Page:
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Oklahoma City Thunder's Steven Adams: How tragedy helped turn the New Zealander who wanted to be a farmer into a basketball star

On the eve of the opener of the Western Conference Finals, Steven Adams finds himself in the crosshairs. It’s just another crazy turn of events in Adams’ career, a journey that might not have even started if not for the biggest heartbreak in his life.
by Jenni Carlson Modified: May 18, 2014 at 12:05 am •  Published: May 17, 2014

Steven Adams had a dream when he was kid.

“I really wanted to be a farmer,” he said.

As much as the Thunder rookie jokes around, you might think this was some sort of gag. But Adams wasn’t goofing. He was being totally serious.

“I was looking forward to it,” he said Saturday afternoon as he stood inside the Thunder’s practice facility, 7,488 miles away from the New Zealand farm where he fell in love with agriculture.

“Then, it just changed.”

Did it ever.

On the eve of the opener of the Western Conference Finals, Adams finds himself in the crosshairs. Serge Ibaka is sidelined by a calf injury, and Tim Duncan is formidable as ever. Even though Thunder coach Scott Brooks refused to say Saturday who would start in Ibaka’s absence, it’s obvious that Adams is going to play a bunch of minutes in this series.

It’s just another crazy turn of events in Adams’ career, a journey that might not have even started if not for the biggest heartbreak in his life.

There are many facets of Adams’ story that are known. Born and raised in New Zealand. Youngest of 18 children who are all big and broad. But what isn’t as oft told is how hard times ultimately introduced him to basketball.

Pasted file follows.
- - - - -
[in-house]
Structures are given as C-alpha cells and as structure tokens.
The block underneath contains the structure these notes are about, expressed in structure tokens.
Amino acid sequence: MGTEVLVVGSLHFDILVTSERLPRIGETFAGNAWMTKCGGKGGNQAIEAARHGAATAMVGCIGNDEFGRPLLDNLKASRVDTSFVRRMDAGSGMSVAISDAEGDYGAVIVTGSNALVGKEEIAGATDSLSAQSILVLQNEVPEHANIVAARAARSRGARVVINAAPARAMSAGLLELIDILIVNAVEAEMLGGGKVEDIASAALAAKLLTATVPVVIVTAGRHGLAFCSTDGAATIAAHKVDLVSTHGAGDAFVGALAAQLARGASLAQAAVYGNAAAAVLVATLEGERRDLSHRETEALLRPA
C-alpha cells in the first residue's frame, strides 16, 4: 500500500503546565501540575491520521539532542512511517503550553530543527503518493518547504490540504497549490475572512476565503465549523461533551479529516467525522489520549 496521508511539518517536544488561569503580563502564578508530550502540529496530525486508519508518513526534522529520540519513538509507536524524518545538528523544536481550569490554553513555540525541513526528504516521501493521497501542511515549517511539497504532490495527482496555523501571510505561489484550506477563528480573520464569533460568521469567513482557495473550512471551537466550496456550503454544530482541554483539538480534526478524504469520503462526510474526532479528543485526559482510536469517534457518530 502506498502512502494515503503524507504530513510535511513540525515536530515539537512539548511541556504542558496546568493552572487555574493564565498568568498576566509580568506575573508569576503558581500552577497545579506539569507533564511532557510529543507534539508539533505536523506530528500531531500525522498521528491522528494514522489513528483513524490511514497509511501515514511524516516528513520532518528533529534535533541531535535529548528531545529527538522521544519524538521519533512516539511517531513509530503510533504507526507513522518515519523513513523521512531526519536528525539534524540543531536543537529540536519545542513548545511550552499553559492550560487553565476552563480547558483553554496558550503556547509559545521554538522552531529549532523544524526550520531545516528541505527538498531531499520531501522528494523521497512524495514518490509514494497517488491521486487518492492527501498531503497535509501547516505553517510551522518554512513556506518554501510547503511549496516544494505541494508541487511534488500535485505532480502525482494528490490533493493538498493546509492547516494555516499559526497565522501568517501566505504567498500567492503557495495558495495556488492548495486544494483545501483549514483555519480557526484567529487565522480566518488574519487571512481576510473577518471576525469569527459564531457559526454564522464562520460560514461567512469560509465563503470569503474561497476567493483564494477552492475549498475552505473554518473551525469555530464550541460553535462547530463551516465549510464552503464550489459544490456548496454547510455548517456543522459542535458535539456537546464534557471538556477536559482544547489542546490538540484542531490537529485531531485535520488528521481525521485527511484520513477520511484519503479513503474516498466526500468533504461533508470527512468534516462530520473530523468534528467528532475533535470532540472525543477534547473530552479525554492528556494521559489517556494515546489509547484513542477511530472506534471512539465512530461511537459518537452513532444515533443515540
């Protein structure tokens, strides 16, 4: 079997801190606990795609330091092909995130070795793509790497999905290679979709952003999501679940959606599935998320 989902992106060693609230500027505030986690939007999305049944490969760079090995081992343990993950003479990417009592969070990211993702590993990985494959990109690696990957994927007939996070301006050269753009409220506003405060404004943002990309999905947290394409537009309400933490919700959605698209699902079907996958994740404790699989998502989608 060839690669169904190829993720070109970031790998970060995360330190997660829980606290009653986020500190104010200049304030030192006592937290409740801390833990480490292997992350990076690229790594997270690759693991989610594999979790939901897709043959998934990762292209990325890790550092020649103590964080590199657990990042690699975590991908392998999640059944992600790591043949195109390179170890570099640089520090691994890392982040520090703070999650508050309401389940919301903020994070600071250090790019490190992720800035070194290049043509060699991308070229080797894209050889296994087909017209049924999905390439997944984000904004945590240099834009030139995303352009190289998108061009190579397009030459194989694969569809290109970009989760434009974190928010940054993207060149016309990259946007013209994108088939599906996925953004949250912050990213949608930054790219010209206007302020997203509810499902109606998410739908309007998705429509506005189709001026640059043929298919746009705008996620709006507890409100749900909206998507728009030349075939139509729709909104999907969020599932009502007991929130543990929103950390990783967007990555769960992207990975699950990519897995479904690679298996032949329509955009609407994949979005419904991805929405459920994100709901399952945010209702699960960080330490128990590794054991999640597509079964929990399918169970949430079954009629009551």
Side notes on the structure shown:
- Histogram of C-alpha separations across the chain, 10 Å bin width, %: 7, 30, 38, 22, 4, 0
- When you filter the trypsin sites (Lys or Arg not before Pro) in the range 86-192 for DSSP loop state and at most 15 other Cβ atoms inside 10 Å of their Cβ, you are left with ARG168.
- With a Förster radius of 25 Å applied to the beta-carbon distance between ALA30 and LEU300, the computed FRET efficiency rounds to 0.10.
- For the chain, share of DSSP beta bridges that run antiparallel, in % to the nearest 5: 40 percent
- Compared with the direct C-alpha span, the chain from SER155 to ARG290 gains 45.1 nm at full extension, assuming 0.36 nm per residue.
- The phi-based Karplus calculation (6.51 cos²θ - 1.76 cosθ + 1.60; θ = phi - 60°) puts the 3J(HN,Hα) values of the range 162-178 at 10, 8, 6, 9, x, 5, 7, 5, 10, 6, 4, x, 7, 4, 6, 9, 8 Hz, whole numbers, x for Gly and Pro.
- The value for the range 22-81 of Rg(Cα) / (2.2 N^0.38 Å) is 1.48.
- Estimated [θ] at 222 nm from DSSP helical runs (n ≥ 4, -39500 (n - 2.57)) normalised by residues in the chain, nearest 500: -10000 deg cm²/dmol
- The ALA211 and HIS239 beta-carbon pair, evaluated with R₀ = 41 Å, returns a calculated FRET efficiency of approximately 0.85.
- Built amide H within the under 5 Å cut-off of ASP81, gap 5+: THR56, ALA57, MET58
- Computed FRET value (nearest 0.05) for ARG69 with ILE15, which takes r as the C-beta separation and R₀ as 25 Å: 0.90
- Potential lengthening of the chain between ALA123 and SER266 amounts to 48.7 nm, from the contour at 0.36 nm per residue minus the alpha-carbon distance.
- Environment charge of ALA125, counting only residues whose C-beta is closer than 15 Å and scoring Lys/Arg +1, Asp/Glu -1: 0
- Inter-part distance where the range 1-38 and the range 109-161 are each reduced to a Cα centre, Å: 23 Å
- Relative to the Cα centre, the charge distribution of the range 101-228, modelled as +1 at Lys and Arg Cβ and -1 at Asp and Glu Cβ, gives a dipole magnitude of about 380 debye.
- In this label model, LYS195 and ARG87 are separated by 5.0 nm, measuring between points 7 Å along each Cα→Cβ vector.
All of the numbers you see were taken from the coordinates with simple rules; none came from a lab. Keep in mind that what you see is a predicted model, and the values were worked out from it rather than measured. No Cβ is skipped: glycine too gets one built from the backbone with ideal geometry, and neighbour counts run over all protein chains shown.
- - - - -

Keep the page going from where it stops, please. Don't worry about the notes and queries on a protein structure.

His father, Sid Adams, was an Englishman who moved to New Zealand after serving there in the Royal Navy. The elder Adams preferred his adopted home to his birth country, a place where he’d faced ridicule throughout his life.

The reason?

He was extremely tall.

What might be seen as normal today was freakish then. But in New Zealand, Sid Adams’ height didn’t matter.

He eventually settled in Rotorua, a town of about 50,000 on New Zealand’s North Island. It is hilly and known for lots of geothermal activity. There are geysers and hot springs all around, and the smell of sulfur is heavy.

Or maybe stench is the better way to say it.

“It smells so bad,” Steven said. “Straight up.”

Steven, who was never close with his mother, lived with his father and three siblings in the quiet, rural town. He spent time outside. He loved to rough house. And, of course, he played rugby. Every boy in New Zealand did. But as much as he longed to play for New Zealand’s famed All Blacks rugby team, he planned on being a farmer. One of his brothers owned a farm outside Rotorua, and there, Steven found his passion.

“I really loved the whole concept of working all day,” he said.

Every time he went to the farm, he learned something new. Tending the animals. Working the fields. Fixing the tractors. Managing the finances. Steven loved the different challenges and thought his future would be on a farm.

But when Steven was 13 years old, his father died of cancer. Suddenly, Steven had no anchor. His father, the former military man, had been strict. Step out of line, and you met the back of his hand. Without that, Steven was adrift.

He started skipping school, then lied to his siblings when they asked about it. He roamed the streets of Rotorua.

“I went off the rails,” he said. “I didn’t really want to do life.”

His siblings quickly realized that something was wrong. Steven needed to heal and recover, and Rotorua didn’t seem like the best place for that to happen. Eventually, they decided he needed a new start; older brother Warren moved Steven to Wellington, 300 miles south.

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by Jenni Carlson
Columnist
Jenni Carlson, a sports columnist at The Oklahoman since 1999, came by her love of sports honestly. She grew up in a sports-loving family in Kansas. Her dad coached baseball and did color commentary on the radio for the high school football...
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